Tuesday, November 21, 2006

More on the Indian economy

Shunya has made a few interesting points about my previous post on the Indian economy. My response was getting a bit long, so I have elevated it to an independent post by itself.

The Gini coefficient tends to magnify small differences between Lorenz curves. I speak from experience with ROC curves, which are close cousins of Lorenz curves. I would be wary of reading a great deal into small Gini index differences.

In any case, income inequality is a bit more tolerable if the lowest income levels are well above subsistence levels. To visualize this, imagine two histograms of income, A and B. Distribution A is relatively compact, but its left tail extends almost to zero. Distribution B is more spread out (more inequality) but its left tail is at a much higher value than that of A. (In other words, B is shifted substantially to the right and is wider). I think most people would agree that distribution B would be better for a country than distribution A.

To make this point concrete, consider poverty levels in the US and India. In the US, the threshold is set at an annual income of about $20,000 for a family of four and the percentage of the population below the threshold is about 12.6%. In India, a very low level of income is used for the poverty threshold (the better to get a good number for the fraction of the population below it). Using numbers from this report for reference, a threshold of Rs. 500 per person per month in 2005 seems to be an appropriate definition of the official Indian poverty line. About 23.6 % of Indians are below this poverty line. This amounts to an annual income of Rs. 24000 for a family of four. Conversion to US dollars (at an exchange rate of Rs. 45 to the dollar) and multiplication by a PPP factor of about 5 brings the poverty level to about $2700. To summarize:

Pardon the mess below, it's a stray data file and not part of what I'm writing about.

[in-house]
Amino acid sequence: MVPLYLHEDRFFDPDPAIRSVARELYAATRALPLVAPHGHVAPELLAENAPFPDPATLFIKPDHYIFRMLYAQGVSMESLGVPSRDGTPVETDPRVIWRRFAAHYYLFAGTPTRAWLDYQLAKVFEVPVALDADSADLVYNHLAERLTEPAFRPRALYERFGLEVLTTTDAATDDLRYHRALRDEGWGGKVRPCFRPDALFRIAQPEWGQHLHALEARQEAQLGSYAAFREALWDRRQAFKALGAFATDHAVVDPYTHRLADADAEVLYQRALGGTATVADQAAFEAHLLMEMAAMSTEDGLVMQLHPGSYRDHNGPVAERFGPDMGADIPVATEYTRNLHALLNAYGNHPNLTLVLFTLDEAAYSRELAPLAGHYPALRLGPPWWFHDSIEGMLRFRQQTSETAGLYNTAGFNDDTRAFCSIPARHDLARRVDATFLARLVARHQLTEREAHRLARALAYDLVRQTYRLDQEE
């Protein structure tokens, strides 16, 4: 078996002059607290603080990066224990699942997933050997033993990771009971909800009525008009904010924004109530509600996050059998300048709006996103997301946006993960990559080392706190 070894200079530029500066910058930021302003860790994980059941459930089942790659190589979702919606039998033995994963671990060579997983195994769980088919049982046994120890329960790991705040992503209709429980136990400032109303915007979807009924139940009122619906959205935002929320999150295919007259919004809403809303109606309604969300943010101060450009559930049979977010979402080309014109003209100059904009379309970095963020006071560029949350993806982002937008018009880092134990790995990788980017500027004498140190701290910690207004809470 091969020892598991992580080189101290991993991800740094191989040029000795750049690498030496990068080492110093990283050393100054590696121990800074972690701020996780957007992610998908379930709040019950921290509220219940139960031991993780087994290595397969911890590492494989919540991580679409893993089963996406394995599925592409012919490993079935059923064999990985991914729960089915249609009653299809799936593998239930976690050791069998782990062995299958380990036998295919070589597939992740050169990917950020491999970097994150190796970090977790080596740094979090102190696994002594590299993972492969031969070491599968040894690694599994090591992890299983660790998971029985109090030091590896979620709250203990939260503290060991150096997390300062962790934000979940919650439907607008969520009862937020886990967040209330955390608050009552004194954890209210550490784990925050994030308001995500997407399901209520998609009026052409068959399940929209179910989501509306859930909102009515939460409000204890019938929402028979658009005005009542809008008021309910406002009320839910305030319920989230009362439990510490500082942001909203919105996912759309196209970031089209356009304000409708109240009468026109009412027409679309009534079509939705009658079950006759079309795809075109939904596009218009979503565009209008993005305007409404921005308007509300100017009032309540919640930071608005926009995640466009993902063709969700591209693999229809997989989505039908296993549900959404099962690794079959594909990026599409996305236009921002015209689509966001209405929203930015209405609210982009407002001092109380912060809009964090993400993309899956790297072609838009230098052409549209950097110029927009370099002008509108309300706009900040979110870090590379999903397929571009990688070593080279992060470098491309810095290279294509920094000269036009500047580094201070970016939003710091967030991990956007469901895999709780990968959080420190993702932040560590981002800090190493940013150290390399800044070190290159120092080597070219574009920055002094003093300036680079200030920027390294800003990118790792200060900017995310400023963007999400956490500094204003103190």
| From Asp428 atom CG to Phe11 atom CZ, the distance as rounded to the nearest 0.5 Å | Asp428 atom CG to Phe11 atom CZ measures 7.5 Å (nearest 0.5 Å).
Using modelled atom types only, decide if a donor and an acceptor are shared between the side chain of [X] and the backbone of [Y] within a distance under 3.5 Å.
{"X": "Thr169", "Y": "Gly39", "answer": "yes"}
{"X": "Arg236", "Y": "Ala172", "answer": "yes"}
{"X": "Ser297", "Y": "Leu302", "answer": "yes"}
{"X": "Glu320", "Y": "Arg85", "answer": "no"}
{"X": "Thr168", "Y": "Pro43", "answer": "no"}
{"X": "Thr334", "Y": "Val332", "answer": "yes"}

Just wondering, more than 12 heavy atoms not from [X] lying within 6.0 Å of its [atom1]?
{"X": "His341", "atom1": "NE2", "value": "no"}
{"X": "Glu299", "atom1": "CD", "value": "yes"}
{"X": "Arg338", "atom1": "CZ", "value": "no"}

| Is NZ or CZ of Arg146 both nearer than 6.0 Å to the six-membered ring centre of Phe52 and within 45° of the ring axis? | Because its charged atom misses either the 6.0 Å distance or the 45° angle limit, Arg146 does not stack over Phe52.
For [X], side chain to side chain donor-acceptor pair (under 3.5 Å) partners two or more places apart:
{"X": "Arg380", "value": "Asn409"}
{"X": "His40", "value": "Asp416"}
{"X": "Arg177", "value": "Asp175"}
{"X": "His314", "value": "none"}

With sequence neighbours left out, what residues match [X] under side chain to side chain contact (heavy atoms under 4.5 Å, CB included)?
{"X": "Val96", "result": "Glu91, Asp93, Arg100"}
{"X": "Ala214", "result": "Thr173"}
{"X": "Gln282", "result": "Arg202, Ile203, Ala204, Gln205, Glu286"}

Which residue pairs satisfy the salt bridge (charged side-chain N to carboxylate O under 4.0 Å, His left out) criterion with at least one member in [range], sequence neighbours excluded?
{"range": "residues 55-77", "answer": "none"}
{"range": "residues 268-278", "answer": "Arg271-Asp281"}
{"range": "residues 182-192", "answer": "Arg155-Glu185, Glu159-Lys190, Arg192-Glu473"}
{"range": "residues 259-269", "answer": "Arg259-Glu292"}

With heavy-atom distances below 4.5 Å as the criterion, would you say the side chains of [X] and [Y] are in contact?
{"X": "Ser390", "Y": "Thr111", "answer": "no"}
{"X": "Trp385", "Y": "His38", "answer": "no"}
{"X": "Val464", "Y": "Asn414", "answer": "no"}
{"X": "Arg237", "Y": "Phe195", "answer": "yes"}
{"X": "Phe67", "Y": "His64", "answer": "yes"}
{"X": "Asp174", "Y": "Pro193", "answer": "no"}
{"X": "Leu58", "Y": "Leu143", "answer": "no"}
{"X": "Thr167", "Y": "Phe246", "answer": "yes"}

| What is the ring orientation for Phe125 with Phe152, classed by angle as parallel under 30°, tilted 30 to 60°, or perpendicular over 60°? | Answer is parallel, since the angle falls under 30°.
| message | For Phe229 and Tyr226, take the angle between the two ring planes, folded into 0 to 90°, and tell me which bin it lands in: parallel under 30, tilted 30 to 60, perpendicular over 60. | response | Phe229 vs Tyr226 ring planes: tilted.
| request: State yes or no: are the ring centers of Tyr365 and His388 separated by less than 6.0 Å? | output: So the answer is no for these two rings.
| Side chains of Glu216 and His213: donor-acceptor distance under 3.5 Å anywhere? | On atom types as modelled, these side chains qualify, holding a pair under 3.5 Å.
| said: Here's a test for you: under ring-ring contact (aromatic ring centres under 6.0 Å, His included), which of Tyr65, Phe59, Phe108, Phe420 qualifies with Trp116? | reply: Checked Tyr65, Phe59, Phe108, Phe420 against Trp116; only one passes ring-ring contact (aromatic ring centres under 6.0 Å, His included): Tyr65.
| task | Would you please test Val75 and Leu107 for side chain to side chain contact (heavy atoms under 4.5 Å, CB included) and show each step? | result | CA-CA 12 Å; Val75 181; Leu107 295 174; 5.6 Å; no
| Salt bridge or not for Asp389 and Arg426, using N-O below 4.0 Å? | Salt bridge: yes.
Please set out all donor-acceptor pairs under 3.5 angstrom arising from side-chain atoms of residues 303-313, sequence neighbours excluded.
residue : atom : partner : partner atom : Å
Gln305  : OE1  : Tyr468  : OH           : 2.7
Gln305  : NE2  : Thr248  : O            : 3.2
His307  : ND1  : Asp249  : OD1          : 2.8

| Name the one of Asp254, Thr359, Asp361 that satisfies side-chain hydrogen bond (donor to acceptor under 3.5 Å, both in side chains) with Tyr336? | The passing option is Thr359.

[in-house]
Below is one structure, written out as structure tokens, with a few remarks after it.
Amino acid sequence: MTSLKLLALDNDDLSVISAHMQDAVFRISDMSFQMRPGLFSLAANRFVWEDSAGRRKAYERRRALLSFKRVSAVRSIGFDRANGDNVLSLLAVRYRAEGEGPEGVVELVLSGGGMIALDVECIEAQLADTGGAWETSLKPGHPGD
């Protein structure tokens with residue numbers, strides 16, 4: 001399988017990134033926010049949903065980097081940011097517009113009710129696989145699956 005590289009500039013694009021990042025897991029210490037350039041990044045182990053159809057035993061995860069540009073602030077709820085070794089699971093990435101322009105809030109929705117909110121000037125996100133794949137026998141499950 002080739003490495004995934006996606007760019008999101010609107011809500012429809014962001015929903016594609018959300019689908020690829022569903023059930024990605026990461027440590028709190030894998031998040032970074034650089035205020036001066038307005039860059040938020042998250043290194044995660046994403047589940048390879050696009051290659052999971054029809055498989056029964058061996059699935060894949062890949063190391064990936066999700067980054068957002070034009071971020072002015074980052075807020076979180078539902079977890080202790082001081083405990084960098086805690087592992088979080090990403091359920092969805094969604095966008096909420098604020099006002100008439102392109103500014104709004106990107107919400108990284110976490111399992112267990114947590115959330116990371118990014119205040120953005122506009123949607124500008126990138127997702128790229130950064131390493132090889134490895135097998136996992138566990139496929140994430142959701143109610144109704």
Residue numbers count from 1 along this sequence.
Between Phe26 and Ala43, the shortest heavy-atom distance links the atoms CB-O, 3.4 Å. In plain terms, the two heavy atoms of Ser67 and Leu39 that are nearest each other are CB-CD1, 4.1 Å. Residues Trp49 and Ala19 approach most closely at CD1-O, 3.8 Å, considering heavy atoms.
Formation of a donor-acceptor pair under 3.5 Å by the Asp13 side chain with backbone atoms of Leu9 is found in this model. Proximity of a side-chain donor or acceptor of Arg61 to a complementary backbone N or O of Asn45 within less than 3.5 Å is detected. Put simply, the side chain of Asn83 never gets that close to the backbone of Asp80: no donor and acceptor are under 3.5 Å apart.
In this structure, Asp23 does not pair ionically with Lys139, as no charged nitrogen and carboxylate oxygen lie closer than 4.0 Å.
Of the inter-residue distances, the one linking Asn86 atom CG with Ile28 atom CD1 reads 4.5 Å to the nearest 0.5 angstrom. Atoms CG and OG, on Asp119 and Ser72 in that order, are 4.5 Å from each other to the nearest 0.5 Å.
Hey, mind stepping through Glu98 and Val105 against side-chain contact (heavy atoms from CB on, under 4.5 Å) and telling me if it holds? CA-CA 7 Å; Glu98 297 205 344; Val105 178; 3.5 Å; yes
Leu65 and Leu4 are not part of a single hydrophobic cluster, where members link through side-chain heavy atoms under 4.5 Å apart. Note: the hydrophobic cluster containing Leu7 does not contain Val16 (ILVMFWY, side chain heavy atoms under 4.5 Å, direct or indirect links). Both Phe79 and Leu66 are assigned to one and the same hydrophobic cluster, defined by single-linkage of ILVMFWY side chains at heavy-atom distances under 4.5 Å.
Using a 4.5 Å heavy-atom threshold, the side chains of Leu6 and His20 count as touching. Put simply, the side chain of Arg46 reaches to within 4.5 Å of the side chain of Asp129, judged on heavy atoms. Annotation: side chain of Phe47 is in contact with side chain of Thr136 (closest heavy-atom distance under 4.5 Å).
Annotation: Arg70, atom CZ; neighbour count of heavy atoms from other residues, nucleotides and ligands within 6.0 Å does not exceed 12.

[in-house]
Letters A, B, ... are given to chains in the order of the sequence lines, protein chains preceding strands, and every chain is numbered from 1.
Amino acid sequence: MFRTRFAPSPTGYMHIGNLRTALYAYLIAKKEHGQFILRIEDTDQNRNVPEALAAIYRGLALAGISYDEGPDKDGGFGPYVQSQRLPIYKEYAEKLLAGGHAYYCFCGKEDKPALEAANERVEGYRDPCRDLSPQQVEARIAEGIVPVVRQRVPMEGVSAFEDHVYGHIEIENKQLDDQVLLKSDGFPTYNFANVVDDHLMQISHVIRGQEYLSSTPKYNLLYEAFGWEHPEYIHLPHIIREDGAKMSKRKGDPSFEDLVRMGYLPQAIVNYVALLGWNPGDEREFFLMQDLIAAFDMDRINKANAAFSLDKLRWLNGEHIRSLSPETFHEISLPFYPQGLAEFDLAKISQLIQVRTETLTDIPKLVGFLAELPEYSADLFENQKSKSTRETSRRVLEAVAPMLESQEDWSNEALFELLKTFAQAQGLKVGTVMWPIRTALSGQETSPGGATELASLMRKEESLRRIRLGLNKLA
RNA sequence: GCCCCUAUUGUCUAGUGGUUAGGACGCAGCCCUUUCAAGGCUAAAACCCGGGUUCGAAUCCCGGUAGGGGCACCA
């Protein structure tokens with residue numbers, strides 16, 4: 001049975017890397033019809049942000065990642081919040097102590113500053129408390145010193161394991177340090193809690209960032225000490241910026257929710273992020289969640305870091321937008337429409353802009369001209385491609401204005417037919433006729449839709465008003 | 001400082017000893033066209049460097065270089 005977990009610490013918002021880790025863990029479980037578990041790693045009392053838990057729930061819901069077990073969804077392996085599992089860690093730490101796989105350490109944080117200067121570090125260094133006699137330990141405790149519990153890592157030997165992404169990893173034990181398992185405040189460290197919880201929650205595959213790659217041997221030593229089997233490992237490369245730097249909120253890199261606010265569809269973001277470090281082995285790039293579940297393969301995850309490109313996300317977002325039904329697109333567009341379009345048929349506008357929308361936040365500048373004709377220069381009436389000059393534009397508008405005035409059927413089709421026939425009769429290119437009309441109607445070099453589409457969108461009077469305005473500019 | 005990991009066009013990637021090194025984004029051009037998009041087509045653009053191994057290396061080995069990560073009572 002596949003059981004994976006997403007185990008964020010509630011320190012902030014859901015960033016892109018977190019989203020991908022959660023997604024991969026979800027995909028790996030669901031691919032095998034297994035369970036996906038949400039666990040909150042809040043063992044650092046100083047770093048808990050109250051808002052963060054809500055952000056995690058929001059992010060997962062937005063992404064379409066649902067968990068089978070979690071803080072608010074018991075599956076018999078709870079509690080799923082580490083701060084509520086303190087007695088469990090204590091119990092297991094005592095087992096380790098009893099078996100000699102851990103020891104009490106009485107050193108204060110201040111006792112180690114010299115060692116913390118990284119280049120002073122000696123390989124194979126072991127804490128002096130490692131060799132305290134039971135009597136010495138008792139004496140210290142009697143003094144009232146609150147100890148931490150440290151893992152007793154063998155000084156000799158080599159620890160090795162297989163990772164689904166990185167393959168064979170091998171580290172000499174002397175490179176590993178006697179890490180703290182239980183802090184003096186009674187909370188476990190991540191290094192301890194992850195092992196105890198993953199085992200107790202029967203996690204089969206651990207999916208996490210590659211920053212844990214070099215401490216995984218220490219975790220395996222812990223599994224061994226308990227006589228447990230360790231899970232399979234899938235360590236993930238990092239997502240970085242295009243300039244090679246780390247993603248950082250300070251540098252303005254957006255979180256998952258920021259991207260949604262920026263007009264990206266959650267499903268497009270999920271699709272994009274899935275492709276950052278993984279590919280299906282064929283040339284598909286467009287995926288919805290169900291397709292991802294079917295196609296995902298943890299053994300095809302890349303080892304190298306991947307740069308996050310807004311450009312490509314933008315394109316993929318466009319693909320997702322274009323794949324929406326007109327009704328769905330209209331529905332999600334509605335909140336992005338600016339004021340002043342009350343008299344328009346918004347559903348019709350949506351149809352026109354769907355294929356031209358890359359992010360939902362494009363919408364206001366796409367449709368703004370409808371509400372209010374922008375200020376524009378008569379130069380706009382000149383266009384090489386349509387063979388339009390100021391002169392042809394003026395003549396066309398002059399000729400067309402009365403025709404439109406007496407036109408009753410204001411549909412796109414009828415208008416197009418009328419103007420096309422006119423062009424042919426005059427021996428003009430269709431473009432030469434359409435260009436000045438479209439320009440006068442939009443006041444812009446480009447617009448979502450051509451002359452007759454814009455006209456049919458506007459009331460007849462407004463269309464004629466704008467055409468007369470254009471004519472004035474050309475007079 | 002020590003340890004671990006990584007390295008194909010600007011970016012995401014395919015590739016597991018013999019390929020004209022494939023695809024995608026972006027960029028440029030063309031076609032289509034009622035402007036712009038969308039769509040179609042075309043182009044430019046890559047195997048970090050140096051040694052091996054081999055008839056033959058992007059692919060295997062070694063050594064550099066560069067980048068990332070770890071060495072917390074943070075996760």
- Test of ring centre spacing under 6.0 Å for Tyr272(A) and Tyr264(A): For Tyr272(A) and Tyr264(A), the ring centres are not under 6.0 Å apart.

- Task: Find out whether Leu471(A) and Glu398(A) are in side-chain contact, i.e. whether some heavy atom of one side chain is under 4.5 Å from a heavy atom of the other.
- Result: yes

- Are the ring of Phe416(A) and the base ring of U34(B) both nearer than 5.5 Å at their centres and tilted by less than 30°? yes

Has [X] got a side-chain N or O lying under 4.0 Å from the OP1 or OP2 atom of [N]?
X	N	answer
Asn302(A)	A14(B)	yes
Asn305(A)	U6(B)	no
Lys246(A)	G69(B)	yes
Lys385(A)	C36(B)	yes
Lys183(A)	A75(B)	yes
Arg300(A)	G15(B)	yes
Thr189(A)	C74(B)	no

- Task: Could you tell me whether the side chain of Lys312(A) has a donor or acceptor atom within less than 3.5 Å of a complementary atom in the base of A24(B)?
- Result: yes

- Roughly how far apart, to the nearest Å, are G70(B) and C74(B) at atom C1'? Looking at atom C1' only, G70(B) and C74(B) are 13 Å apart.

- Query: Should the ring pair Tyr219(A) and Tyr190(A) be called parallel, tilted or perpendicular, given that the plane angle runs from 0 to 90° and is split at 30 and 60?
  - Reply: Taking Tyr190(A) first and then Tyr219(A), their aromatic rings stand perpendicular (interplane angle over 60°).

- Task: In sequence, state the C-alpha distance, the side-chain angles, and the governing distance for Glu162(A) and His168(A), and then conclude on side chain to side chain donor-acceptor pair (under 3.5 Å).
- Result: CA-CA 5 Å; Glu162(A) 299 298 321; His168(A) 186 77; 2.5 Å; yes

Poverty line
Fraction below
India $2,700 23.60%
US $20,000 12.60%
A heck of a lot of people are a heck of a lot poorer in India.

The last point about India's democratic freedoms is very important, but tangential to the issue I am addressing. Economic performance may be measured and evaluated on its own. Adding political freedom to the criteria for deciding which country is more admirable is a personal preference, one that coincides completely with my own. Nevertheless, it is a personal preference and, speaking in economic terms, changes the utility function altogether.

Shunya's defense of the urban middle-class Indian's celebratory mood is a defense of the mindset I described in my previous post. Having come 10 m from the starting line in a 100 m race is certainly an achievement. You only have to agree not to look at how others are doing. Bring the champagne along. I would be more than happy to raise a toast.

4 Comments:

Anonymous Shunya said...